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How Sugar is Killing us Silently

26-01-2017

Sugar isn’t thought of in the same way as things like alcohol, tobacco or heroin, but it is an addictive and harmful drug that can slowly kill a human being who eats too much of it over the course of their life…

Sugar didn’t start out as a killer of humans; it’s played an important role in human survival during periods in history when food has been scarce. It is found naturally in healthy foods like fruit and vegetables.

Over the past century, however, food manufacturers have been adding to their products something that the World Health Organization calls “free sugar”, which means sugar isn’t naturally bound up with other, helpful nutrients like fiber and is instantly absorbed into our digestive system.

All sugars which are added to our food are classed as free sugars, and it is precisely these kind of sugars that are causing illnesses, lack of fitness, and slow, premature death in hundreds of millions of human beings around the world who are consuming too much of them.

It should be understood that free sugars do sometimes occur naturally. Honey contains free sugar. Some fruit juices contain free sugar. Any nutritional substance that contains free sugar, whether it be something natural or processed junk food, should be consumed in moderation.

The problem with free sugars is that when found in junk foods they make it very easy for someone to fall into the trap of consuming an unhealthy excess of calories, because as they aren’t bound up with other substances, they can be consumed in very large quantities without your body telling you to stop.

For example, you might manage to eat five or six mince pies at Christmas, or have two slices of cake on your birthday, but you’d struggle to eat four or five apples in one hour because the fiber in the apples would make you feel full and your body would tell you to stop.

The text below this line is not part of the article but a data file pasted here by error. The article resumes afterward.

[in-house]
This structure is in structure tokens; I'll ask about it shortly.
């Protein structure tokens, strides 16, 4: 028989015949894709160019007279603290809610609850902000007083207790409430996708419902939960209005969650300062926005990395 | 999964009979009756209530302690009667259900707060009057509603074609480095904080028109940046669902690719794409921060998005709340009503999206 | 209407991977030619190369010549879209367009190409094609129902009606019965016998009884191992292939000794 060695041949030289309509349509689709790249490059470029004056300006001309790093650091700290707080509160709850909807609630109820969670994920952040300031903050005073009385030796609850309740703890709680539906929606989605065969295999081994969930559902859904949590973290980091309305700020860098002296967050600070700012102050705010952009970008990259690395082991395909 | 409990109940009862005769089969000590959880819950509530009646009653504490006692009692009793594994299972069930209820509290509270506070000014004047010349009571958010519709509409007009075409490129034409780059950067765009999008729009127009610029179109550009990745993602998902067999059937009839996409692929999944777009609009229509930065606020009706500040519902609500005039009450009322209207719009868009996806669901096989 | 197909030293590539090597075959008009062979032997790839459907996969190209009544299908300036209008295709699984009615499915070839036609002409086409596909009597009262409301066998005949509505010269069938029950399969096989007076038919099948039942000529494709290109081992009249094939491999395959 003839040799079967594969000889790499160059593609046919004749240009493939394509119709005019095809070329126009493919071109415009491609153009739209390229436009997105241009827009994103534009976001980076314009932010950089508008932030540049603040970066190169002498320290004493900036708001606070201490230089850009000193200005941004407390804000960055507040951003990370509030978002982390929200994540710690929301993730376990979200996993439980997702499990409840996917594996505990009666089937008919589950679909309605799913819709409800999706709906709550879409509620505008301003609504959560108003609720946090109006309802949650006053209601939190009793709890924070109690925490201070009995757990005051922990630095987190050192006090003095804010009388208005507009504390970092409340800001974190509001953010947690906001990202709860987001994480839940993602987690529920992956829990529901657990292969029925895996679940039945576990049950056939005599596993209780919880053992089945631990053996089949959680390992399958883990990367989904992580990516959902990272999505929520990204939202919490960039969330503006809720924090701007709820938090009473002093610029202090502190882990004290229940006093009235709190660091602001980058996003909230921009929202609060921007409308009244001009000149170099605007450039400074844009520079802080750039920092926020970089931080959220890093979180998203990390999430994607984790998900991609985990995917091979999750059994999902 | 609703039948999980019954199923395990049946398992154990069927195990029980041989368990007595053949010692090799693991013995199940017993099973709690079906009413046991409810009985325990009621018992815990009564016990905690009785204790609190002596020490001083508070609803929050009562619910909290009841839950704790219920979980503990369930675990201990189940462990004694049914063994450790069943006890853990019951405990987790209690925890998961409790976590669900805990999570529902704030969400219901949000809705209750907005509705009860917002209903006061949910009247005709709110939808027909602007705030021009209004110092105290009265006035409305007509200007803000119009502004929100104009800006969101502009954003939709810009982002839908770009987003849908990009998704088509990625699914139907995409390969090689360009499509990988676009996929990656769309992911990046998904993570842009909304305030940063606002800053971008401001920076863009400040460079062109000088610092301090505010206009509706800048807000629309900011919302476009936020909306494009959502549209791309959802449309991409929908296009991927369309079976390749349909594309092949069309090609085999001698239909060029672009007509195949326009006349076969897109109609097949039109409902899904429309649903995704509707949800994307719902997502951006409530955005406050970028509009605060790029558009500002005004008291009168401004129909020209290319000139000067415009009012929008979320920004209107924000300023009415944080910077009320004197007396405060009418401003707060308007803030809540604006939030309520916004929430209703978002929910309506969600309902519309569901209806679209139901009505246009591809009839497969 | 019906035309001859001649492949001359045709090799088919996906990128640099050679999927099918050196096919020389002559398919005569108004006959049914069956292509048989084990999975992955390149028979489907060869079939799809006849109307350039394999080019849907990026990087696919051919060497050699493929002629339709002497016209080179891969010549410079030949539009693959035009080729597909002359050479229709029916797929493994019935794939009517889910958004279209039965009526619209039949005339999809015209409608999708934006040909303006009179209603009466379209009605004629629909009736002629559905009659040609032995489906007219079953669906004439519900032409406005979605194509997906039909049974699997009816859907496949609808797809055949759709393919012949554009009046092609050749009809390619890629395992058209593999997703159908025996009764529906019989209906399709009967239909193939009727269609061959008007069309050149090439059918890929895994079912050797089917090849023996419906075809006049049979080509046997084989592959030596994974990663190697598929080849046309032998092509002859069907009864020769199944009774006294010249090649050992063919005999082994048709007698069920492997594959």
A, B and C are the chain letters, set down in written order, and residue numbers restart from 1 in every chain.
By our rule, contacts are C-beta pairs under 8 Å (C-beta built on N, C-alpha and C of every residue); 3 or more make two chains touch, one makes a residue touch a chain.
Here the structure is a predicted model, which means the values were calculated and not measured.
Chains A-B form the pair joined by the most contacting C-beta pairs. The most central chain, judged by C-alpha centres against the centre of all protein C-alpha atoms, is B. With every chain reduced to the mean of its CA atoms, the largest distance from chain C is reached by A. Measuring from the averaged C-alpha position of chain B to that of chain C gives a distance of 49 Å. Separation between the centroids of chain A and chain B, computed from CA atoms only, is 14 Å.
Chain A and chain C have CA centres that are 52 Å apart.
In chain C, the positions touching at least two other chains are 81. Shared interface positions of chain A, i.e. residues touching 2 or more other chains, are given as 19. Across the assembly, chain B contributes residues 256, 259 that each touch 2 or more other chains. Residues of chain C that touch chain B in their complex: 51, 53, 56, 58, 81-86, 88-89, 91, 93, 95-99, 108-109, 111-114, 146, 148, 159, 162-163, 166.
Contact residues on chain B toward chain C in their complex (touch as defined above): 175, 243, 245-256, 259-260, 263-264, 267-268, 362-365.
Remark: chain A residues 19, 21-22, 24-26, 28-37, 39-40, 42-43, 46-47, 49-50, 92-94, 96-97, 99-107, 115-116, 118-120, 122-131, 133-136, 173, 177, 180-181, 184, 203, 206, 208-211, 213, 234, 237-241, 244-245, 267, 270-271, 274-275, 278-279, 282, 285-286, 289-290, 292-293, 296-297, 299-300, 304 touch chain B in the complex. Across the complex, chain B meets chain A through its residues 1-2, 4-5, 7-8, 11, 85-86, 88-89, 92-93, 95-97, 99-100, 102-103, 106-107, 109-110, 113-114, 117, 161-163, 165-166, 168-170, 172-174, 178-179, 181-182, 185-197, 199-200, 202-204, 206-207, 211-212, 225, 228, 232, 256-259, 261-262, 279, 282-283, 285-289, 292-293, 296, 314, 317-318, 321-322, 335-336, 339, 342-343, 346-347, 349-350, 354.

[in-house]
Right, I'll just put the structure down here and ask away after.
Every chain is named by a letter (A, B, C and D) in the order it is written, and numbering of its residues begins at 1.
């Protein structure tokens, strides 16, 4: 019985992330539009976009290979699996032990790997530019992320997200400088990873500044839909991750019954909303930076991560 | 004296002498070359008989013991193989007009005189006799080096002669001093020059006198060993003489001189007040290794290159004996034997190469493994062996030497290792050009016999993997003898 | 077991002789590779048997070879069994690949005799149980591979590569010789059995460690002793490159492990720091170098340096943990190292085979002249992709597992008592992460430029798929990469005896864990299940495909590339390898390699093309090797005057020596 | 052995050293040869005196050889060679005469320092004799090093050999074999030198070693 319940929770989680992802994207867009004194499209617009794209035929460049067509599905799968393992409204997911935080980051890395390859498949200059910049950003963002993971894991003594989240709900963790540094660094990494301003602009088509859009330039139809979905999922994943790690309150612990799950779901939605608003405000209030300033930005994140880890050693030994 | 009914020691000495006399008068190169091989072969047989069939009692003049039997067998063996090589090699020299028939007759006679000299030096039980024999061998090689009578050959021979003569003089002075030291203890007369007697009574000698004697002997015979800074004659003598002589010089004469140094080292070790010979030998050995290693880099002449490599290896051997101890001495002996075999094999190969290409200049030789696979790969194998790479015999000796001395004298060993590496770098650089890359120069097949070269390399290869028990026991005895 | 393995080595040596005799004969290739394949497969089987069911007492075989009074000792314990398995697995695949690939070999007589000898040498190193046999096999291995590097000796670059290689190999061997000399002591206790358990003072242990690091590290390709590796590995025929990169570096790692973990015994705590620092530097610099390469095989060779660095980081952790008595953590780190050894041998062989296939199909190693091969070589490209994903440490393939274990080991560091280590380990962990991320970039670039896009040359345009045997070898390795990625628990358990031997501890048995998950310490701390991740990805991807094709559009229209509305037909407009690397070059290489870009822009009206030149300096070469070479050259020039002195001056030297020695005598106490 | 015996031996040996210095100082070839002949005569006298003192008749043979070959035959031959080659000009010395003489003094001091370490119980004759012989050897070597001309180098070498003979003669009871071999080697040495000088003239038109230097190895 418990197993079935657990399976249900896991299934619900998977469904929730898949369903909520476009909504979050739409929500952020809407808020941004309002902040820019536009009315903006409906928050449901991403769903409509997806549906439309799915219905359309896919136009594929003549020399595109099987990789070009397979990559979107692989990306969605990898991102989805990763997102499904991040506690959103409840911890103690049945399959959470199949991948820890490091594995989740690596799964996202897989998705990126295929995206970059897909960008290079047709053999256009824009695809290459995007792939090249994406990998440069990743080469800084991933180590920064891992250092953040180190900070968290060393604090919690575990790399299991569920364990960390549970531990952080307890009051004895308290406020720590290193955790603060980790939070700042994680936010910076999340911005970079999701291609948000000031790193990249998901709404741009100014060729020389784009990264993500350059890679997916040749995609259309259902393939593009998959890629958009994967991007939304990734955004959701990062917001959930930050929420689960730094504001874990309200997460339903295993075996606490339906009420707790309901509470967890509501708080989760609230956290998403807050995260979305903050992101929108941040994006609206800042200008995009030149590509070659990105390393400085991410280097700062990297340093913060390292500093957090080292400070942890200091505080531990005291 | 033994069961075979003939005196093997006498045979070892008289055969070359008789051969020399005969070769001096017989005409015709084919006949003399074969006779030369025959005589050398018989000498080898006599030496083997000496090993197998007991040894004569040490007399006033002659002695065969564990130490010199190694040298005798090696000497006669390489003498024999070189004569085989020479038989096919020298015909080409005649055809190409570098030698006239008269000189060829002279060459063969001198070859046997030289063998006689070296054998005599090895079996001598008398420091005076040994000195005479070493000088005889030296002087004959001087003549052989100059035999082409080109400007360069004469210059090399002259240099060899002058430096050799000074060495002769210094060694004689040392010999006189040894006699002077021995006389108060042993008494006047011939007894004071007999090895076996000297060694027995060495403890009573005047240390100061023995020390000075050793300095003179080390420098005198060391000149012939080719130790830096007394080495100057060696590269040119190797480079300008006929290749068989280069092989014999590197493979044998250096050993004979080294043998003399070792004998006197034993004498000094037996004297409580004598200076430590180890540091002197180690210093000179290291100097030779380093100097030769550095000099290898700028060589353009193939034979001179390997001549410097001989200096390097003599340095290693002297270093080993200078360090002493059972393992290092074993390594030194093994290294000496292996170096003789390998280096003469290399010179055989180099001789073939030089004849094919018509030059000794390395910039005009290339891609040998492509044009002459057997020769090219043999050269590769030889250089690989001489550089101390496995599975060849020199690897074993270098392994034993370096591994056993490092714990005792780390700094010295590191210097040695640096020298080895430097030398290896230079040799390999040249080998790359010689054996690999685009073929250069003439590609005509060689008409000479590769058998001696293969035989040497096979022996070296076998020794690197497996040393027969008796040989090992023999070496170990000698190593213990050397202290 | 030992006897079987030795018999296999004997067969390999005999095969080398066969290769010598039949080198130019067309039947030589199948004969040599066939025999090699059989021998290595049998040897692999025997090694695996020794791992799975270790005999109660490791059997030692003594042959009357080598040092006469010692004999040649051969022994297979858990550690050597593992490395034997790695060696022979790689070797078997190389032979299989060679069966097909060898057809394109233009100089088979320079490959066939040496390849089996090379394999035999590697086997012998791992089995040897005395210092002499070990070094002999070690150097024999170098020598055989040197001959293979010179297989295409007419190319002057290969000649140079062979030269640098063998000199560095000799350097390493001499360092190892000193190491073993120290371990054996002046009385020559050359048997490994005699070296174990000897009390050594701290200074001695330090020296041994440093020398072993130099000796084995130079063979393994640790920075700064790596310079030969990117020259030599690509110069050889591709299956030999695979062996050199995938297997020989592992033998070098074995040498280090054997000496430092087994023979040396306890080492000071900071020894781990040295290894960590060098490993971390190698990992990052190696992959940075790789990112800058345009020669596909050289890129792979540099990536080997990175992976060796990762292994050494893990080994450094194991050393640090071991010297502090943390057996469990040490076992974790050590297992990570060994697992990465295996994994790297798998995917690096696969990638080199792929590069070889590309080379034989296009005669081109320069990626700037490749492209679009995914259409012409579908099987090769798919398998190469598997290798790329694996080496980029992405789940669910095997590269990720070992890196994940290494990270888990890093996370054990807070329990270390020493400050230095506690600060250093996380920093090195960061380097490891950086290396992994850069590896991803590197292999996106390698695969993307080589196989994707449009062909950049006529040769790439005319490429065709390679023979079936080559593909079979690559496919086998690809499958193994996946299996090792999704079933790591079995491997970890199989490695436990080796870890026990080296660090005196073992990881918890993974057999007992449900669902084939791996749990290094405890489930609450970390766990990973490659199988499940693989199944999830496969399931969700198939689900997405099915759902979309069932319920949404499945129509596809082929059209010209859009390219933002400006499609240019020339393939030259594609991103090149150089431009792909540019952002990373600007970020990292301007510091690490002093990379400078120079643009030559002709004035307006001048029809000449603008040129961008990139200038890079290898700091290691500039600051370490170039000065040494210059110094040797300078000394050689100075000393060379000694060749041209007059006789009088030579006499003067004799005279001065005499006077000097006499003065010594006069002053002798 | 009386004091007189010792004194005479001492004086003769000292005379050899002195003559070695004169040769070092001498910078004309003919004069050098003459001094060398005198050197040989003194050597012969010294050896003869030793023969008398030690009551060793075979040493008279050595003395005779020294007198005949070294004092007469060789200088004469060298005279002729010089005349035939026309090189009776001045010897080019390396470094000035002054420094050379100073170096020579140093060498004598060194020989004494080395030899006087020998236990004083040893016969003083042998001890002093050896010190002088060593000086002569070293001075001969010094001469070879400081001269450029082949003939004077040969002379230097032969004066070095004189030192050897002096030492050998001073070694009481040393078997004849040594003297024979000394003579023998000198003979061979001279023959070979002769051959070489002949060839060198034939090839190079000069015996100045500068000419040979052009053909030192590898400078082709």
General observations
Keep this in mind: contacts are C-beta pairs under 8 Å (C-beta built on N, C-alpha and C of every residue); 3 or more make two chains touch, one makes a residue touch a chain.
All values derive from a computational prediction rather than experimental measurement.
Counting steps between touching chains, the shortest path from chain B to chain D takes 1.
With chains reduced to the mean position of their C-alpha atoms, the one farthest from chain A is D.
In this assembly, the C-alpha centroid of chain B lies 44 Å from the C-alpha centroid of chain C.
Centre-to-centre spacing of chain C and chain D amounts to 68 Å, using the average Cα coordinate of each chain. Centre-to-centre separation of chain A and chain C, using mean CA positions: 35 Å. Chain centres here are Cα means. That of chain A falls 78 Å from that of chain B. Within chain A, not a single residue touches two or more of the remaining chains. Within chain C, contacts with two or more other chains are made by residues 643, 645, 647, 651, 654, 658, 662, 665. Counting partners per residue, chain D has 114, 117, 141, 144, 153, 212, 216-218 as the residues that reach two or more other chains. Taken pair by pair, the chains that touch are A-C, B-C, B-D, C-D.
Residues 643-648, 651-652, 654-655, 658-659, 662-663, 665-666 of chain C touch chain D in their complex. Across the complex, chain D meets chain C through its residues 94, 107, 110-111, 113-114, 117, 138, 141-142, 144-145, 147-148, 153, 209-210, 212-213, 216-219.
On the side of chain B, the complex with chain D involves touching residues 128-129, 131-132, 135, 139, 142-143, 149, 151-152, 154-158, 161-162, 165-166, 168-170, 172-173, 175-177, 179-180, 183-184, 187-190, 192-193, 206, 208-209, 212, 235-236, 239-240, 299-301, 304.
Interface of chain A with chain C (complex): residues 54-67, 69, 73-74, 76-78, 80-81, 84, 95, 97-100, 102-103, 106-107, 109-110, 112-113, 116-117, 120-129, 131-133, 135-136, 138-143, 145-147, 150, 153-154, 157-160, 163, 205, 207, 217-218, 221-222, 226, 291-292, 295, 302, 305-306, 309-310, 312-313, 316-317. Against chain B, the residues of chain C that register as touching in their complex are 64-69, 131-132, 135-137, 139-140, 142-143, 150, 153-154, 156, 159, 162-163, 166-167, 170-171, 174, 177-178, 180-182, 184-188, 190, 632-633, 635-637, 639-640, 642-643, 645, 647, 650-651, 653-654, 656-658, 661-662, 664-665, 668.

The World Health Organisation advises us to limit our free sugar consumption to less than 10% of our overall daily calories. This equates to about 12 tablespoons a day. They say the ideal restriction is about six tablespoons a day.

To put this into perspective, a can of fizzy drink contains about seven tablespoons of free sugar, and a medium sized chocolate bar contains about six tablespoons.

Sugar

These are some of the health problems that are more likely to develop over the course of a person’s life if they consistently consume too much free sugar:

Obesity

The levels of obesity in adult and child populations of the western world have become so high that experts are describing the situation with words like “epidemic” and “crisis”. You’ll have a very hard time becoming obese if you have a healthy, balanced diet, but it’s not hard to achieve for those who have a lot of free sugar in their diets.

Cancer

Health experts are gradually coming to a consensus that sugar contributes to cancer and increases the rate at which cancer cells grow in the bodies of sufferers.

Faster aging

Too much sugar increases the rate at which our bodies produce the aging hormones which cause us to get weaker and our health to deteriorate over time.

High blood pressure

A diet rich in sugar causes spikes to occur in our bodies’ insulin levels. This causes high blood pressure, a condition which can cause many other serious health problems in later life.

Reduction in fluids

Our bodies are comprised mostly of fluids. These fluids dry up the older we get. The more sugar we consume, the more this drying process accelerates. People who consistently eat a lot of sugar are usually starved of fluids, which is why they tend to get dehydrated a lot.

Food allergies

A common misconception is that food allergies are determined by genetics and if a person isn’t born allergic to a specific food it will never trouble them. A diet that is heavy in sugar can cause our bodies to develop new food allergies.

If you suspect that you have too much sugar in your diet, you should take action and reduce the amount of unhealthy food and drink you consume. You don’t have to completely deprive yourself of all the unhealthy things you enjoy, just restrict them to sensible amounts.

If you try to do this and find yourself struggling with sugar cravings, drink plenty of water.

Remember to also get regular exercise if you want to feel healthier or lose weight after cutting back on your sugar intake.

References & Citations

http://www.who.int/

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